Engaging, entertaining and educating children about India

Engaging, entertaining and educating children about India

Engaging, entertaining and educating children about India

The couple, who  has an enviable collection of children’s books, recently authored Amazing India: A State-By-State Guide (Scholastic), a beautifully-illustrated book introducing all regions of the country in a style that will  educate them about India’s diversity in a fun way. The Vachharajanis spoke to Deccan Herald’ about the importance of the need for book on these lines

How did you conceive the idea for this book?
Scholastic USA had published a book called My World : A Country-by-Country Guide, and our publisher, Scholastic India, felt that a similar book on India would be great. We began working on Amazing India about two-and-a-half years ago. It is a richly-illustrated description, covering everything from India’s forests and animals, to its peoples, arts, crafts, music, film-makers, poets, dancers, warriors and artists.

How did you decide what exactly needs to be included in the book considering that India has so much to offer?
What we did not want to do was give kids a book with a laundry list of facts that they would be tempted to memorise! Instead we wanted to fill kids with the wonder of this large, complex land through an exciting and visually-rich book. We chose to present a mix of facts laced with humour, so that each child who looked at it – irrespective of his or her age and interests – would find it engaging.

How did you go about deciding what to include and what not to in the book?
For each state, we wanted some aspects  on history, geography and ecology; some on monuments; some on people, arts, dance, music and craft; plus some facts and figures. We did focus a little more on ecology, because India’s animals, wetlands, forests, farms, rivers and mountains are all in grave danger. Of course, we kept it flexible – in Karnataka, for instance, we used the monuments built by powerful dynasties to tell the state’s story.

With every state having so much to offer, wasn’t it difficult to leave out quite a lot of info?
It’s incredible that in India, each region is so different from the other, and so full of its distinct species, land forms and cultural practices. Despite this, however, a lot of intermingling happened between the thoughts and practices of different peoples to create what we so easily call ‘Indian culture’ today. To give children a small but memorable peek into this wonderful complexity, we devoted two pages to each state, with a map, informative points, illustrations, a fact file and an arts and crafts section. Space was tight and it was really tough choosing what would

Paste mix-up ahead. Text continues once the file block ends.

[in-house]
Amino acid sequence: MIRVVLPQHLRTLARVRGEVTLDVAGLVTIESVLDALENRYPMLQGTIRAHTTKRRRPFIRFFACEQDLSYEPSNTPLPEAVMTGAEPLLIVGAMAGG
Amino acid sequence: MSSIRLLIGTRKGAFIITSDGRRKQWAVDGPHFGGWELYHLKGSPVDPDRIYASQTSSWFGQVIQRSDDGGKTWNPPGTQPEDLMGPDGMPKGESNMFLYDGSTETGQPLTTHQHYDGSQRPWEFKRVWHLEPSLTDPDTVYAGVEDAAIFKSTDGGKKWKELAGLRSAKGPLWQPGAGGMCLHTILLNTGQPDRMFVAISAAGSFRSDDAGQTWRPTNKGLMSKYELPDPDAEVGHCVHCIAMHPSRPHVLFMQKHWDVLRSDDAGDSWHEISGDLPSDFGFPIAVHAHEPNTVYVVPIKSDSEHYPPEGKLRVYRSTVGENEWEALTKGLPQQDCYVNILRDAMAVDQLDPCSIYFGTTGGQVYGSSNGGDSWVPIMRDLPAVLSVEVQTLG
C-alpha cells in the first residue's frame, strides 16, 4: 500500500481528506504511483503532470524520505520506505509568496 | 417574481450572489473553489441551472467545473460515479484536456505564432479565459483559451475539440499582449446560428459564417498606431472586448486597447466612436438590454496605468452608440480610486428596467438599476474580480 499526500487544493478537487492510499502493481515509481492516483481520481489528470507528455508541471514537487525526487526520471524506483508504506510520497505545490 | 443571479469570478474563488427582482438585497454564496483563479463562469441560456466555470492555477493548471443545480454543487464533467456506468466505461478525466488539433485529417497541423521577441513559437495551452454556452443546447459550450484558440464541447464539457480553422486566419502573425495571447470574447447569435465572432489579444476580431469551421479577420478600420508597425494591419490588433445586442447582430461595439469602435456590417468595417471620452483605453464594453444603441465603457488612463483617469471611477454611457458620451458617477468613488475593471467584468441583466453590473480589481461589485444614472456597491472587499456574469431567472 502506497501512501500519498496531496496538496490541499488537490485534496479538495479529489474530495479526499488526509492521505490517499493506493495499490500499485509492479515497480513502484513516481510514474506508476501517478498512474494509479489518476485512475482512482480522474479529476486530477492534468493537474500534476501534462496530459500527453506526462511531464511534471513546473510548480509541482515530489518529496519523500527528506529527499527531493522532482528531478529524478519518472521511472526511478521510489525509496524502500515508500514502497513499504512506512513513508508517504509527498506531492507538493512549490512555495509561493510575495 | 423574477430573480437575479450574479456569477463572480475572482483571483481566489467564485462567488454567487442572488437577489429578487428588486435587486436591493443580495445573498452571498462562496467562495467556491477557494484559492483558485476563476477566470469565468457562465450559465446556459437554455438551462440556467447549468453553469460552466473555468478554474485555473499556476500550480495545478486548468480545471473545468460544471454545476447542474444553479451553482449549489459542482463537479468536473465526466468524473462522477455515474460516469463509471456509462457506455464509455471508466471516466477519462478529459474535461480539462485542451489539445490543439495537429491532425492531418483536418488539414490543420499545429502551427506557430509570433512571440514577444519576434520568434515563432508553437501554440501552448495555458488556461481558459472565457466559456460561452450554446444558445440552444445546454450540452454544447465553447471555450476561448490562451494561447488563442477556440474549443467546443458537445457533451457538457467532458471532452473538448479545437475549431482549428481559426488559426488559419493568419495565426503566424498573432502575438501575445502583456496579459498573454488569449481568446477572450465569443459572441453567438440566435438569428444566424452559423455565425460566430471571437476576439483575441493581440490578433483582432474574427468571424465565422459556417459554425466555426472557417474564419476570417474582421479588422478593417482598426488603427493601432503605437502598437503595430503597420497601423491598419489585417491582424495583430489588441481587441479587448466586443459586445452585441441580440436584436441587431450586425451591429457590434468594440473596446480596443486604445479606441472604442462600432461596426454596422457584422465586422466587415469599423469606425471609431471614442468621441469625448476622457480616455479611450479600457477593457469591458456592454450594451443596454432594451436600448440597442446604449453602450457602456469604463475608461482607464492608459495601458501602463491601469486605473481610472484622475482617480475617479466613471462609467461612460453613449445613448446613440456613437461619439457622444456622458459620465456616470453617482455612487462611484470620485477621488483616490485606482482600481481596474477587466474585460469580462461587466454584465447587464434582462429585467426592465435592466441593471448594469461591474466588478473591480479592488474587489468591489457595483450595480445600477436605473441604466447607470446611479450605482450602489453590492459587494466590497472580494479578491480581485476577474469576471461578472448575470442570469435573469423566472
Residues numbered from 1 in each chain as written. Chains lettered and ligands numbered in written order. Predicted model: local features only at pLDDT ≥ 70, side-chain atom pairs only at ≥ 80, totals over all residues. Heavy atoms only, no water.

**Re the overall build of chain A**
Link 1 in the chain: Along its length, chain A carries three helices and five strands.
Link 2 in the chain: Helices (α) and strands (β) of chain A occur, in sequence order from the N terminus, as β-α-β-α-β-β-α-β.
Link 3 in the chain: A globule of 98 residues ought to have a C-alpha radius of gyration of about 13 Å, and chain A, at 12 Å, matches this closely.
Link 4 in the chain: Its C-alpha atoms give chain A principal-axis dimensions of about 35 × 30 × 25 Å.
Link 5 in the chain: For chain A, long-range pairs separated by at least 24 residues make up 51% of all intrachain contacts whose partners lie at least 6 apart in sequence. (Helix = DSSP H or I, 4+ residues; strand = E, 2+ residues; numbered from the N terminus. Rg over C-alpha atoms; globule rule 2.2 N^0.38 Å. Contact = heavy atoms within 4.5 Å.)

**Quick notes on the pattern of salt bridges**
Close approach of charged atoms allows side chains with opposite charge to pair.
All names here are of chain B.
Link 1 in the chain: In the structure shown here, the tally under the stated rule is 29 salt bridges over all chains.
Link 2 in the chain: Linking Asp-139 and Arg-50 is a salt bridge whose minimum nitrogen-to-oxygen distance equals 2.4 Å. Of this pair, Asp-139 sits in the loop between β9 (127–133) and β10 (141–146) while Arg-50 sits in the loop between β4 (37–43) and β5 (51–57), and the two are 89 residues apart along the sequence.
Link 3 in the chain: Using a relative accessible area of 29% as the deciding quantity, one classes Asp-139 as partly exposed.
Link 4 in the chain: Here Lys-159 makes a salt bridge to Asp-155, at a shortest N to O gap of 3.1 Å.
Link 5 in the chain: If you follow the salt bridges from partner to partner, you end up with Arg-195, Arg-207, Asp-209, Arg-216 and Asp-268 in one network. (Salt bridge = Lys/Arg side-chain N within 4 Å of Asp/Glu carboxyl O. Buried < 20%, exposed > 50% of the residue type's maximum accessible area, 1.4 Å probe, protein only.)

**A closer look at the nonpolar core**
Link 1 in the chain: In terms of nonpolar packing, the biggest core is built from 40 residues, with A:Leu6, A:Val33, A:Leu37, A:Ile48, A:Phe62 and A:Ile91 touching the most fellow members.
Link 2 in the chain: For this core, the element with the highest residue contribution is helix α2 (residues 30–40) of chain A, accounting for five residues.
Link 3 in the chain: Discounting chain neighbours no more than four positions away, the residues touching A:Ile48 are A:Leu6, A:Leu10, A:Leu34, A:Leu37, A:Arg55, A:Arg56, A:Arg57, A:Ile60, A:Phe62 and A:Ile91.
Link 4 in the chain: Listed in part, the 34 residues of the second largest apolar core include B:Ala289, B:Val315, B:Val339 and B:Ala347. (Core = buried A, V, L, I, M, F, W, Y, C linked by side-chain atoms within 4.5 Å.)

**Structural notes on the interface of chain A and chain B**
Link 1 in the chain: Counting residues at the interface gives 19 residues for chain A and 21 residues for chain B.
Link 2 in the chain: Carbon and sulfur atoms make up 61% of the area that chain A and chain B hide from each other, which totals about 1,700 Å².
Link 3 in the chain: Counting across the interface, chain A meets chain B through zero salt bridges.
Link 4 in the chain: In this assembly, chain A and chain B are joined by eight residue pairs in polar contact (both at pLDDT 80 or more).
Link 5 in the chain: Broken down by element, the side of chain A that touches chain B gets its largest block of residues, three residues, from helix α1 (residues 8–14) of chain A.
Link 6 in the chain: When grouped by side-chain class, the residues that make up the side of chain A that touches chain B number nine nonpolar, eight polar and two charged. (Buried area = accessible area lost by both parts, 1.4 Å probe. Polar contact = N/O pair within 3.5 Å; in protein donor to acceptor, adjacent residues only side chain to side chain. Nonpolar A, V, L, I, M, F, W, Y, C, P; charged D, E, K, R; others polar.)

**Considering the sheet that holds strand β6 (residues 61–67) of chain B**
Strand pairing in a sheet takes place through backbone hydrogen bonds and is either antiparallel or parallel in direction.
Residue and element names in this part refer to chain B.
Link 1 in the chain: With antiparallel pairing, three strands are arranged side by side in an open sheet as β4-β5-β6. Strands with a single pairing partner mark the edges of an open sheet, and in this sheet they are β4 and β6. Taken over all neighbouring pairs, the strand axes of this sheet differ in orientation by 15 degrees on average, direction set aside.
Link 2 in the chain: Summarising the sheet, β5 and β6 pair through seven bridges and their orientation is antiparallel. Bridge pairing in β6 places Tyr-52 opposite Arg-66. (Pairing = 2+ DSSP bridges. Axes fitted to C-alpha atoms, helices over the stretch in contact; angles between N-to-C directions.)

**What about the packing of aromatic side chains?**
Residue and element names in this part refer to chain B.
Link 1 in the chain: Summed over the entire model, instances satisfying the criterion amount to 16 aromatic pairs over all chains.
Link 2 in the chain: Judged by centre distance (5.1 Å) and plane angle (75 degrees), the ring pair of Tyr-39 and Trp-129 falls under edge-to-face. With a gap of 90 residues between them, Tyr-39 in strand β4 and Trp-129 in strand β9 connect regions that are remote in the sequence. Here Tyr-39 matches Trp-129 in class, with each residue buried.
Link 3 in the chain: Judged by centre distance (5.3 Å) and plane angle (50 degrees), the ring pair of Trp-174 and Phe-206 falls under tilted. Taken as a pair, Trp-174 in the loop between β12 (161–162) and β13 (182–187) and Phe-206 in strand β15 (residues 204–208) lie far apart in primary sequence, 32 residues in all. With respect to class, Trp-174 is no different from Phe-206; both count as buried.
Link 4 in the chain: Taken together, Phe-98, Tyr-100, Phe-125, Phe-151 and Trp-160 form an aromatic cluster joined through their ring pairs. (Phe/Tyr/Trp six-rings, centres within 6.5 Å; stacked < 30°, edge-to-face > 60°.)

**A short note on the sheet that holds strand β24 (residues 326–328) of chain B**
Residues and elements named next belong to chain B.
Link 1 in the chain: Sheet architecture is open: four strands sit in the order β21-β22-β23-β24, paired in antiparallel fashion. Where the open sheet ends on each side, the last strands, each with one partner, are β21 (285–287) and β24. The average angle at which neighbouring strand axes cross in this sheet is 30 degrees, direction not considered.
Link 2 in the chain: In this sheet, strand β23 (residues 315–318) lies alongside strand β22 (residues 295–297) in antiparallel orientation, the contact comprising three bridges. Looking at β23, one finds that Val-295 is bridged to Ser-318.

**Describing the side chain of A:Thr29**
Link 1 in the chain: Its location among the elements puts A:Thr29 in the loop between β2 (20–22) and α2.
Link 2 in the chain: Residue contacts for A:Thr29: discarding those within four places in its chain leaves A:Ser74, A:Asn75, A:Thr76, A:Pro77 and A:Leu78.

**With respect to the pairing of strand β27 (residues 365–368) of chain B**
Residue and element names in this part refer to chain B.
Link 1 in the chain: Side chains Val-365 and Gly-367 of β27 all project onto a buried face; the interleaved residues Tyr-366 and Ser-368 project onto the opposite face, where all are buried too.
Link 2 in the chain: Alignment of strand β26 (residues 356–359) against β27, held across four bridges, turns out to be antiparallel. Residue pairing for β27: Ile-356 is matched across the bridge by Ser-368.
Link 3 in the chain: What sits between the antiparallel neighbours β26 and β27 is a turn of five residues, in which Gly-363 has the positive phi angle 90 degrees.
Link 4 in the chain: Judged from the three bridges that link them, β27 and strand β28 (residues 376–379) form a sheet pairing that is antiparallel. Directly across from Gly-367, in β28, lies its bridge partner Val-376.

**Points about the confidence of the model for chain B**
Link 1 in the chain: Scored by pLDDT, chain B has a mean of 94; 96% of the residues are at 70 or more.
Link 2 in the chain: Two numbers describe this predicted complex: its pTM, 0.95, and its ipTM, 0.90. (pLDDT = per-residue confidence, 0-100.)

go in.

How did you  research the matter? Did you  visit the states or you relied on available information?
Ideally, we would have loved to experience every single thing we wrote about and illustrated but given the wide scope of this book, that might have taken us a little over a lifetime to do. Researching it was like being back at school, but with the freedom to choose what we wanted to study! Once we spotted an interesting fact, the first step would be to cross-check it across different sources. Then we would go to the next step in the research, which was finding the correct visual references.

The book also indirectly encourages the targeted young readers to explore more about each region. What is the idea behind this strategy?
The underlying  idea was that kids should be tempted to go out and learn more about the places they live in and visit. We have the do-it-yourself scrapbook pages at the end so that kids can slip into an observational mode. Hopefully, when our readers travel after going through the book, they would know what to look out for and would want to preserve their memories!

The mix of words and visuals in the book is almost 50:50. How important is visuals in a book of this nature, especially when the target audience is young?
Any factual book without arresting visuals would be a drag because visuals ensure that a child is drawn in. Drawings were a great way to make the ideas concrete for children and to help them visualize the written matter. Children have a pretty sharp instinct for art and visuals. So when they see good, hand-drawn-and-coloured illustrations, the written word is bound to  engage them. That was why Amit actually drew over 250 drawings for this book, instead of using photos or computer-generated art.